The next substantial generation of VR from Oculus will HAVE to include foveated rendering. The question is whether varifocal (for visual comfort and realistic representation of depths of focus – necessary for long-term use of VR) will be consumer-ready at about the same time as foveated rendering. And what, if anything, will Oculus release while on the path there?

Speculation: The new lineup for next generation Oculus VR hardware

The Half-Dome 3 gives us a good hint on the look of the next primary Oculus product.

Our guess is that Oculus will launch a direct follow-up to Quest (“Quest S”?) sometime during 2020, followed by some silence and then have 3 versions of Quest ready by 2022:

$150: “Quest Lite”:

Like Go but with 2 cameras for positional tracking and pass-through (so basically like a Vive Focus). Gameplay can be 6DoF or 3DoF. Controller only 3DoF. Aimed at media consumption, social VR, virtual productivity and light gaming. This is really a hit or miss – will they instead choose to simply abandon the thought of catering to the minimum VR threshold?

Hacky enthusiasts could use it with Virtual Desktop and maybe Vive/Index Controllers along with Lighthouse tracking (just like some people are combining WMR with Vive controllers today).

$300: “Quest S”:

Like Quest but with stronger processor. Can be used with the Link cable for PCVR.

$500: “Quest Half-Dome” including Portable Compute Case (same mobile processor as “Quest S”) :

True hybrid “thin client”-style VR headset with very sleek design and full optical features – 140 degree field of view, eyetracking, foveated rendering and varifocal displays. The ultimate in comfort and mobile performance… and with a Directional Beam PC unit, the ultimate wireless PC headset – and not just for enthusiasts. (Probably still only for Windows. Mac support is unlikely when looking at Apple’s inevitable XR entrance.)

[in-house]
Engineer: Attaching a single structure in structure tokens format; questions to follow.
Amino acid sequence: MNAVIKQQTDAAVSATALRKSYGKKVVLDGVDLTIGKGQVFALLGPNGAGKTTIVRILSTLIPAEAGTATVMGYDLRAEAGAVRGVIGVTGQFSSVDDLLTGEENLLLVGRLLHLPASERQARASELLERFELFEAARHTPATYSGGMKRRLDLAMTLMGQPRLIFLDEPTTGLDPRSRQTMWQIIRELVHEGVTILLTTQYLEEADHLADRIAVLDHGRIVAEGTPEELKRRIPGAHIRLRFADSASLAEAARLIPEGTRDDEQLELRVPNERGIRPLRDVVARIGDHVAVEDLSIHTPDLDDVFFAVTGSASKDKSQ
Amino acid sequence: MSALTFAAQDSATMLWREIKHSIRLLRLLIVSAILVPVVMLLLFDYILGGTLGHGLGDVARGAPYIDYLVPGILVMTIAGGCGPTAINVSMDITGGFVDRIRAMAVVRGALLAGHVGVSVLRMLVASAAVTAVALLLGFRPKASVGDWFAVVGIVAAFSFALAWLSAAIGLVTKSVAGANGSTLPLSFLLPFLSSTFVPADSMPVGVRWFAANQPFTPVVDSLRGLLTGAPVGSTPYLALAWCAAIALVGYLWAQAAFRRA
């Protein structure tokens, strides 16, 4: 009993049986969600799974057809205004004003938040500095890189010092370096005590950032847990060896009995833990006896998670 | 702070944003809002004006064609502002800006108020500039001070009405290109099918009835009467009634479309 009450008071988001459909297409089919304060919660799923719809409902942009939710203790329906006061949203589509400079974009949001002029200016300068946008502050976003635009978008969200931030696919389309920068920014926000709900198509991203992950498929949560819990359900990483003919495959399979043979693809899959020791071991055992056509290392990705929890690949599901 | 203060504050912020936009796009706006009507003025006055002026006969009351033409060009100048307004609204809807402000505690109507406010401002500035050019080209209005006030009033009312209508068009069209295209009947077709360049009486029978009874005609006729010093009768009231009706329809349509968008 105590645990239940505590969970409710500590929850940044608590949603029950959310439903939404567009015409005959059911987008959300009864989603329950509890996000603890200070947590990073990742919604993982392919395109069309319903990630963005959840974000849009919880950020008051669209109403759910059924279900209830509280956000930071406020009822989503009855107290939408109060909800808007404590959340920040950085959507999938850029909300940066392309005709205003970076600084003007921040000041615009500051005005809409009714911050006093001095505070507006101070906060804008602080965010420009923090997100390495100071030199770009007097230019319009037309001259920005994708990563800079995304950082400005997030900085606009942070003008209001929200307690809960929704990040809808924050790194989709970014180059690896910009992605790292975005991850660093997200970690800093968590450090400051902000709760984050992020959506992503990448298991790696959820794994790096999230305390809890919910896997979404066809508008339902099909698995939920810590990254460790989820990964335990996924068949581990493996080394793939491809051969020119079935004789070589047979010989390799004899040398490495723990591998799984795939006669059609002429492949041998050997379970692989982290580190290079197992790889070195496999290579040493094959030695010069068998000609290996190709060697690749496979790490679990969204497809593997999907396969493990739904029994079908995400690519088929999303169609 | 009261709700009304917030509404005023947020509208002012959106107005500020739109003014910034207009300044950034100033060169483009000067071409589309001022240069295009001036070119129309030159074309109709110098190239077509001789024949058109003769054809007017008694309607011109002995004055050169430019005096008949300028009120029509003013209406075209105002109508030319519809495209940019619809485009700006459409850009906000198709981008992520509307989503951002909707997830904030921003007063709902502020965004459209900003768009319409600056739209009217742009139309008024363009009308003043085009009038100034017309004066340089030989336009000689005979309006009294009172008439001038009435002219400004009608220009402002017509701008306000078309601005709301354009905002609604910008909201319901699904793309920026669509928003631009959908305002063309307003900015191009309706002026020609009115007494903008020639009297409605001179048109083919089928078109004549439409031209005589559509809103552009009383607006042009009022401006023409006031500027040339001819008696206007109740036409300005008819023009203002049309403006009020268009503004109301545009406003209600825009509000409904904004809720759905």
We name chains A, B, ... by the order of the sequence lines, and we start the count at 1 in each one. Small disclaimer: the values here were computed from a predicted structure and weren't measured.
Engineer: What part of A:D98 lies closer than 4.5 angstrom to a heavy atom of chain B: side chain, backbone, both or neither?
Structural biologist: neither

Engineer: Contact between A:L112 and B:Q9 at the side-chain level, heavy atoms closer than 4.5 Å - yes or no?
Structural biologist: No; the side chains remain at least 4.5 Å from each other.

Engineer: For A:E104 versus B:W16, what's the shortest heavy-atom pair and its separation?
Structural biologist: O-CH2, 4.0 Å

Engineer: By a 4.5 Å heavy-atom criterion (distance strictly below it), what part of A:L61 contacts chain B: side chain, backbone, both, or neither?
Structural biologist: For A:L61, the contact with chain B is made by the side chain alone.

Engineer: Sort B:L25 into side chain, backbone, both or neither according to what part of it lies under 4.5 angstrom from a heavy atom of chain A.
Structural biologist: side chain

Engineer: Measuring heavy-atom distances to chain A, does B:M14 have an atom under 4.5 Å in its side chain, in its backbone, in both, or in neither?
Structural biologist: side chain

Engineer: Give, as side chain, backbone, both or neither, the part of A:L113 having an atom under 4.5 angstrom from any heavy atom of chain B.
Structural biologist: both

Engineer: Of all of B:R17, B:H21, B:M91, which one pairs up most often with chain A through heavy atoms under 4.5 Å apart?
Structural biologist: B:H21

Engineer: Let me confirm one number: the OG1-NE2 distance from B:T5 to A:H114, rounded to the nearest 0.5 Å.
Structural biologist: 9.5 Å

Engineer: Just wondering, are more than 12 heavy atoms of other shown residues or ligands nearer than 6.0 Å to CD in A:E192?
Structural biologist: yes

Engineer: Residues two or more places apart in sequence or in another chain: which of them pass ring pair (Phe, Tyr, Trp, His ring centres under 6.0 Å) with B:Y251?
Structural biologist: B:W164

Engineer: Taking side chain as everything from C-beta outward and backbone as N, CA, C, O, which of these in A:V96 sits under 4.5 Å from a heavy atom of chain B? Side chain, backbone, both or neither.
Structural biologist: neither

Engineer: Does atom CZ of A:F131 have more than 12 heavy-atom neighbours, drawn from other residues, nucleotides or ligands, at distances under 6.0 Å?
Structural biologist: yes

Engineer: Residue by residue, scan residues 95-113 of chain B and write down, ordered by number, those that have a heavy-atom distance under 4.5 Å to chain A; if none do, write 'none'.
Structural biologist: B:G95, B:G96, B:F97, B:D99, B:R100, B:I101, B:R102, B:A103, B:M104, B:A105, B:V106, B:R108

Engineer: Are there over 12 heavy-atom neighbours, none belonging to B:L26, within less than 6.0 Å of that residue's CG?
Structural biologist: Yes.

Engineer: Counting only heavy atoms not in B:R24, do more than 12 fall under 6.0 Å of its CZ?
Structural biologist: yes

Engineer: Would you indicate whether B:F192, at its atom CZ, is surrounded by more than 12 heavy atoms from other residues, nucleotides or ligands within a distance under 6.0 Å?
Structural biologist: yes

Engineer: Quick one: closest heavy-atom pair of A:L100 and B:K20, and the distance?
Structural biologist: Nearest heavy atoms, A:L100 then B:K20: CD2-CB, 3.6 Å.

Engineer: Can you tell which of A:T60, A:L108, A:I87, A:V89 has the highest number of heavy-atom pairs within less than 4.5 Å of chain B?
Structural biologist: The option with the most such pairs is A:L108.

via Gfycat

Bodytracking is a bit of an unknown factor. We believe this will be a key part in making VR extra immersive and adding a new dimension of expressiveness. Our educated guess is that Oculus will NOT go the route of placing trackers on the body but instead simply rely on one external camera or Kinect-like 3D scanner. (Just like they’ve demonstrated as being done in research.)

Occlusion of hands (when the player has their back turned to the camera) would be mitigated by the hand controller tracking, and conversely the bodytracking could provide redundancy tracking data for hands when outside the headset camera field of view.

(Furthermore, if it’s a 3D scanner, it could double as an body/face avatar capture device for use at home, to enable an approximation of the work being done with Facebook Codec Avatars.)

There’s a few possible ways to tie this ability into the user experience described above:

  1. Include the camera in the “Compute Case” / “Directional Beam unit” – simplest to the user, but would add cost to the core product.
  2. Build it into the existing “Portal” product line.
  3. Make it possible to use your own phone via the Oculus companion app (not very elegant, would need to be propped up on something like a tripod accessory.)

Rift S will be rendered obsolete. And as for what Oculus should do about Go, it would probably be wise to “kill their baby” (more like “Carmack’s baby”)!

If not outright killed, maybe they could license the whole product to Xiaomi, to let them focus on the Asian market, where “personal cinema” has more value because of small housing. Again, that’s not a very likely outcome either…

The new Quest product line, along with these components being developed in secret at Facebook Reality Labs, would logically be the more focused play about to be revealed by Facebook in order to win the mass-consumer VR throne.

(End note: There are interesting initiatives from other players that also point to the inevitability of wireless VR / remote processing as a crucial enabler to mass-consumer VR, from players like Nvidia, HTC, Sony, Microsoft, Valve. This time we chose to focus on Facebook/Oculus, partly because they have the clearest explicit aim of making VR mainstream and partly because of the exciting potential of their efforts in the full hardware stack.